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The catalyst for patient safety emphasis and the importance of culture

The fifty-year period from 1950 to 2000 could reasonably be considered to be a golden age for medical science. During this period there were remarkable developments, such as CAT scans, MRI, ultrasound, a wide range of antibiotics, the development of intensive care units, organ transplantation and effective chemotherapy just to mention a few.

It seemed to be a golden age not paralleled at any previous time in history and as a consequence, bred expectations of better outcomes. However this euphoria was somewhat tempered by the Institute of Medicine's report in 1999 'To Err is Human', which estimated that up to one million people were injured and 98,000 died as a result of medical error in the United States.

This paved the way for more complicated and systematic studies and these results were even more disturbing with estimates of premature deaths to be more than 400,000. To put it in a slightly different perspective it would be the same as three 747 planes crashing each day. If that were to occur then the airline industry would almost certainly be finished or at the very least, all 747's removed from service. 

But the healthcare industry has simply been left to soldier on.

A strong recommendation was to develop a culture of safety, but this has not been a simple or easy task. The International Health Institute made recommendations to facilitate a culture of safety changes for improvement, though these recommendations may be considered to be aspirational rather than routine in many hospitals.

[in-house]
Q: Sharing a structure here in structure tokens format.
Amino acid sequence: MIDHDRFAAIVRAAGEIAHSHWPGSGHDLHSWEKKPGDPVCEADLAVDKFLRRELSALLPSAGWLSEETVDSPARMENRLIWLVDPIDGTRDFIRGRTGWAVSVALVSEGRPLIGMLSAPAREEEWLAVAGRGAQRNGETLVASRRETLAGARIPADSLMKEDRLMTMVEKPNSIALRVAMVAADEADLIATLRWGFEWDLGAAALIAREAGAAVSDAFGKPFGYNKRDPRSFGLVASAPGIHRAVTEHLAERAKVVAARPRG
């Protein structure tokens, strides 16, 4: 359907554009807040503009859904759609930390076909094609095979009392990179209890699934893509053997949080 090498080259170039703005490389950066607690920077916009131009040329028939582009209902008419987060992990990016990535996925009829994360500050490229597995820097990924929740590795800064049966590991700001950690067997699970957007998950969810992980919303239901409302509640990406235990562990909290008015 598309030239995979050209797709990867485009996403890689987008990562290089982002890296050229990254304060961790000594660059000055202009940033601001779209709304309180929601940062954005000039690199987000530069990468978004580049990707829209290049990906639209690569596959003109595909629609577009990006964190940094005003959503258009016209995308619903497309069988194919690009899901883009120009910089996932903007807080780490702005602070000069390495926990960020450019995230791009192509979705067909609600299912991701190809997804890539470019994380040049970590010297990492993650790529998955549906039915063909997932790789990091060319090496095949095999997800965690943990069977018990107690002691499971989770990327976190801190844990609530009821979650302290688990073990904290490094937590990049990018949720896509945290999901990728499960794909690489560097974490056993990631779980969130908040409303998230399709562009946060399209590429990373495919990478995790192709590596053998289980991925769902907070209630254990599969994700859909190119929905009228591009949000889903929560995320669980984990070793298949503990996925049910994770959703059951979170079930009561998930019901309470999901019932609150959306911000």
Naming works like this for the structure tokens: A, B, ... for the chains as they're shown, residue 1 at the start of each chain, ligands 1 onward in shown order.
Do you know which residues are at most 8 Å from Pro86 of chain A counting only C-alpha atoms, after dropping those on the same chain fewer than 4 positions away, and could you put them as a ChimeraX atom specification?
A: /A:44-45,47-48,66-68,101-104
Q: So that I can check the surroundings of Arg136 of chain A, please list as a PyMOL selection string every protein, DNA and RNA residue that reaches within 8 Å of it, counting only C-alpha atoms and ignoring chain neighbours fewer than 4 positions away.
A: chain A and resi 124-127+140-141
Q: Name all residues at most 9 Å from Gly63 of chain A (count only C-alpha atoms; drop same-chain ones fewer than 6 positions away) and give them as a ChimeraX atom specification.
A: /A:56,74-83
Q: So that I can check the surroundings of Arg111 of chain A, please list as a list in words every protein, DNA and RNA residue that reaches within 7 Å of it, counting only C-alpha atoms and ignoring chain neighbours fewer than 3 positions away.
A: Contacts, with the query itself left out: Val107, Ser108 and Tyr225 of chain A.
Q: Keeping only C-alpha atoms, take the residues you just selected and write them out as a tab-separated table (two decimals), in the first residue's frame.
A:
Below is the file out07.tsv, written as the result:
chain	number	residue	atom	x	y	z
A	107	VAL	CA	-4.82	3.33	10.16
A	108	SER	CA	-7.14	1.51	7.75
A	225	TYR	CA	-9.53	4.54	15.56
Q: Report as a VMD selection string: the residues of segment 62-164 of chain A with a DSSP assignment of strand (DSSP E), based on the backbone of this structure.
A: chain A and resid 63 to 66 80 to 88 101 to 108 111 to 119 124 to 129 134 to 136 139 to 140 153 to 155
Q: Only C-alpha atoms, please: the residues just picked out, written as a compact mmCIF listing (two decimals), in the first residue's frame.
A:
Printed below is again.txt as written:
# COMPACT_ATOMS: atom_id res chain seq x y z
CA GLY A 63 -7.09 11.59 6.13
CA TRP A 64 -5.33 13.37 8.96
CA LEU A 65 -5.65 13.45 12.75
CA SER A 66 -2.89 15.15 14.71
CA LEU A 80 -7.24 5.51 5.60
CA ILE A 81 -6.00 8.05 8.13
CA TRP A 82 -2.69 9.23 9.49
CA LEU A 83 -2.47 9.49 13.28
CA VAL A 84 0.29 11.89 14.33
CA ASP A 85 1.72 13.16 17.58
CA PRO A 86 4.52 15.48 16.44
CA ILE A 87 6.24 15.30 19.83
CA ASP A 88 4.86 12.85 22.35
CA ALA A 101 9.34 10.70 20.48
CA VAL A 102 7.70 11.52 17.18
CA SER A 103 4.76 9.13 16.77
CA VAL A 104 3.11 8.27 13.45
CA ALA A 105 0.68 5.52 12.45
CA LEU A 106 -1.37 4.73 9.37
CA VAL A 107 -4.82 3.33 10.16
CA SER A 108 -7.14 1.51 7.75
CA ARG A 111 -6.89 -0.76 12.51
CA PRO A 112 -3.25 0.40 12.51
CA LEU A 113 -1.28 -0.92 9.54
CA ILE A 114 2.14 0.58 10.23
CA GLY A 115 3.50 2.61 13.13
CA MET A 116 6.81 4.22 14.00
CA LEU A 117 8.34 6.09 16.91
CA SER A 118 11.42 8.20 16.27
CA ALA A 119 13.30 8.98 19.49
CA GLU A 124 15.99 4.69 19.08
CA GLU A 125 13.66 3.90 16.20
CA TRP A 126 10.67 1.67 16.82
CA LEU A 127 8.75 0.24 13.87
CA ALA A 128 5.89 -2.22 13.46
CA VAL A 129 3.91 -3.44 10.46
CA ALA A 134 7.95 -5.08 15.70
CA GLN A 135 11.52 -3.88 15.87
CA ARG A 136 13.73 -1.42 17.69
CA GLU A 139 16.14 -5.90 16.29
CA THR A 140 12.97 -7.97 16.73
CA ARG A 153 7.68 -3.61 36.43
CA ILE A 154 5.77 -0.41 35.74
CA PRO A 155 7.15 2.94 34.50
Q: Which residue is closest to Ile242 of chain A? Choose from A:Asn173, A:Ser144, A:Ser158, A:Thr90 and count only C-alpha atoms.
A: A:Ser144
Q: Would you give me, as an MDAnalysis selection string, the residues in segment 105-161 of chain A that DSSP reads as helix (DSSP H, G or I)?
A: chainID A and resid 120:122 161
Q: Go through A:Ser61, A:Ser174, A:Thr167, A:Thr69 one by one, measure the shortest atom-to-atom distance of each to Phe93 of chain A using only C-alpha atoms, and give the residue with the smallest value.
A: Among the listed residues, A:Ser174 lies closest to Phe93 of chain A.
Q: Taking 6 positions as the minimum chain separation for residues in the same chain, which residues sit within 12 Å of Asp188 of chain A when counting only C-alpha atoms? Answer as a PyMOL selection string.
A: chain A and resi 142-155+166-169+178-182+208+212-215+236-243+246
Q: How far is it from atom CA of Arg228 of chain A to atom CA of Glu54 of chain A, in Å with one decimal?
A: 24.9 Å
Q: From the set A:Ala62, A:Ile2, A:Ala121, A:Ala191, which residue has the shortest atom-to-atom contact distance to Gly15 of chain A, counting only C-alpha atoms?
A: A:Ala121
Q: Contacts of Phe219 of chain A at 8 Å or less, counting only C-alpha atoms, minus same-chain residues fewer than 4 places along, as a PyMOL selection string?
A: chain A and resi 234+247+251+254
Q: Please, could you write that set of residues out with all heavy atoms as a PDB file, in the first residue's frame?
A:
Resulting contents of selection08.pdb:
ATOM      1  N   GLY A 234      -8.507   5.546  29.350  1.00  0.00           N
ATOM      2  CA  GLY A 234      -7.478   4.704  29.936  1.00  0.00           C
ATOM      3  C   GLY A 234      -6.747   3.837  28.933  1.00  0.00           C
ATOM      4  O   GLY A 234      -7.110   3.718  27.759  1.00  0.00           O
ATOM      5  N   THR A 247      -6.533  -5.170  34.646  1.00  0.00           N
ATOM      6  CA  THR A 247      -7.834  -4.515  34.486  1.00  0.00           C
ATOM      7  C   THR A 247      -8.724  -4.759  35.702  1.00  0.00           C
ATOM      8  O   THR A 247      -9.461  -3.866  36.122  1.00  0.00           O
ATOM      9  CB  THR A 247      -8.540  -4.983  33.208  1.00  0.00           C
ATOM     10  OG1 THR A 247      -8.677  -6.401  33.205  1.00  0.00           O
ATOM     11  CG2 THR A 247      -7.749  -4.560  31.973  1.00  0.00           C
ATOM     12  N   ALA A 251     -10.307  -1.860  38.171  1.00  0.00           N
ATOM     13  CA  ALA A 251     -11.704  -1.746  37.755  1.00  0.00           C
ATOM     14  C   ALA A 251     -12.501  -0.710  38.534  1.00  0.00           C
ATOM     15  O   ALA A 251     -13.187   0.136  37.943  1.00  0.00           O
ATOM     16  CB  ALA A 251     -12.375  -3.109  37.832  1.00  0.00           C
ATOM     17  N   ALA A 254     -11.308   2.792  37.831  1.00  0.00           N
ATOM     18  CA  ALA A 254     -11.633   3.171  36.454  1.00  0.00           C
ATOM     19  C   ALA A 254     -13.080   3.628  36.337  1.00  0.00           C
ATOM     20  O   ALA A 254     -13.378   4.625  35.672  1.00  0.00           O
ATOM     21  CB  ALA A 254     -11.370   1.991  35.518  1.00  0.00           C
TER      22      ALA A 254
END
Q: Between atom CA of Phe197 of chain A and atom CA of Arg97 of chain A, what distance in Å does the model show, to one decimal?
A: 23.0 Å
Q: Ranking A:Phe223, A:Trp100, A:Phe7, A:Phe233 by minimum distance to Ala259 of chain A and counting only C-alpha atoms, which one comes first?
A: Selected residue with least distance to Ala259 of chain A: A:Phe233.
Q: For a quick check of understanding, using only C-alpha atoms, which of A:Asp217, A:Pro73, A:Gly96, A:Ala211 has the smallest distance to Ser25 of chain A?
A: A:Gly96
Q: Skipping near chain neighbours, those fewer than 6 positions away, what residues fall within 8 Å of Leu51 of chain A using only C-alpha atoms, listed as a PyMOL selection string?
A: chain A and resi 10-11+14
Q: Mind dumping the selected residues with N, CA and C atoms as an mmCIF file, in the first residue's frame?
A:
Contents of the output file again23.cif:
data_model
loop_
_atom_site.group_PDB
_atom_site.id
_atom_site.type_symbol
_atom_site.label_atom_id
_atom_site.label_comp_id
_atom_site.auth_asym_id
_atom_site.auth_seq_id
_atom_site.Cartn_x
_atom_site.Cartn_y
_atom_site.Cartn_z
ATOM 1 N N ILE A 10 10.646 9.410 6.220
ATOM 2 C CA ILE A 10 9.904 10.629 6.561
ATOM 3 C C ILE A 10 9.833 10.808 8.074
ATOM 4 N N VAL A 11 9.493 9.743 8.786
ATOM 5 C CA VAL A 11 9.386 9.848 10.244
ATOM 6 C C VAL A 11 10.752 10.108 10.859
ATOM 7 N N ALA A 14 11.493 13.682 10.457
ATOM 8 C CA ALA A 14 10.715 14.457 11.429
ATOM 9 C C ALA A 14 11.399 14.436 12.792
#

At times, it's not difficult to get a feeling of the culture of a hospital. Some years ago I visited St Thomas Hospital in London and was impressed by how staff and patients interacted in a positive way. I asked the CEO what the key strategies were and was informed that the change to positive culture resulted from all senior managers, clinical and administrative staff including finance spent a day a week out of their offices and on the wards talking to staff and patients. They then better understood the issues facing staff and patients.

Culture is undoubtedly difficult to measure and change. However, hospital boards, senior administrators and clinical leads are the keys to ensuring that there is good corporate governance that in turn leads to good culture. This is potentially the most important of the accreditation standards.

If you have implemented systems or programs within your organisation to influence culture, submit an abstract to present in the Culture & Collaboration section of our Patient Safety & Quality Care Symposium.

The Langford Oration, named in honour of the Royal Australasian College of Medical Adminstrators' (RACMA) Foundation President, the late Dr Sam Langford, is delivered by a distinguished person during the Conferment Ceremony. At the 2019 RACMA Conference, the speaker was Emeritus Professor Villis Marshall, who chose to discuss the topic of patient safety.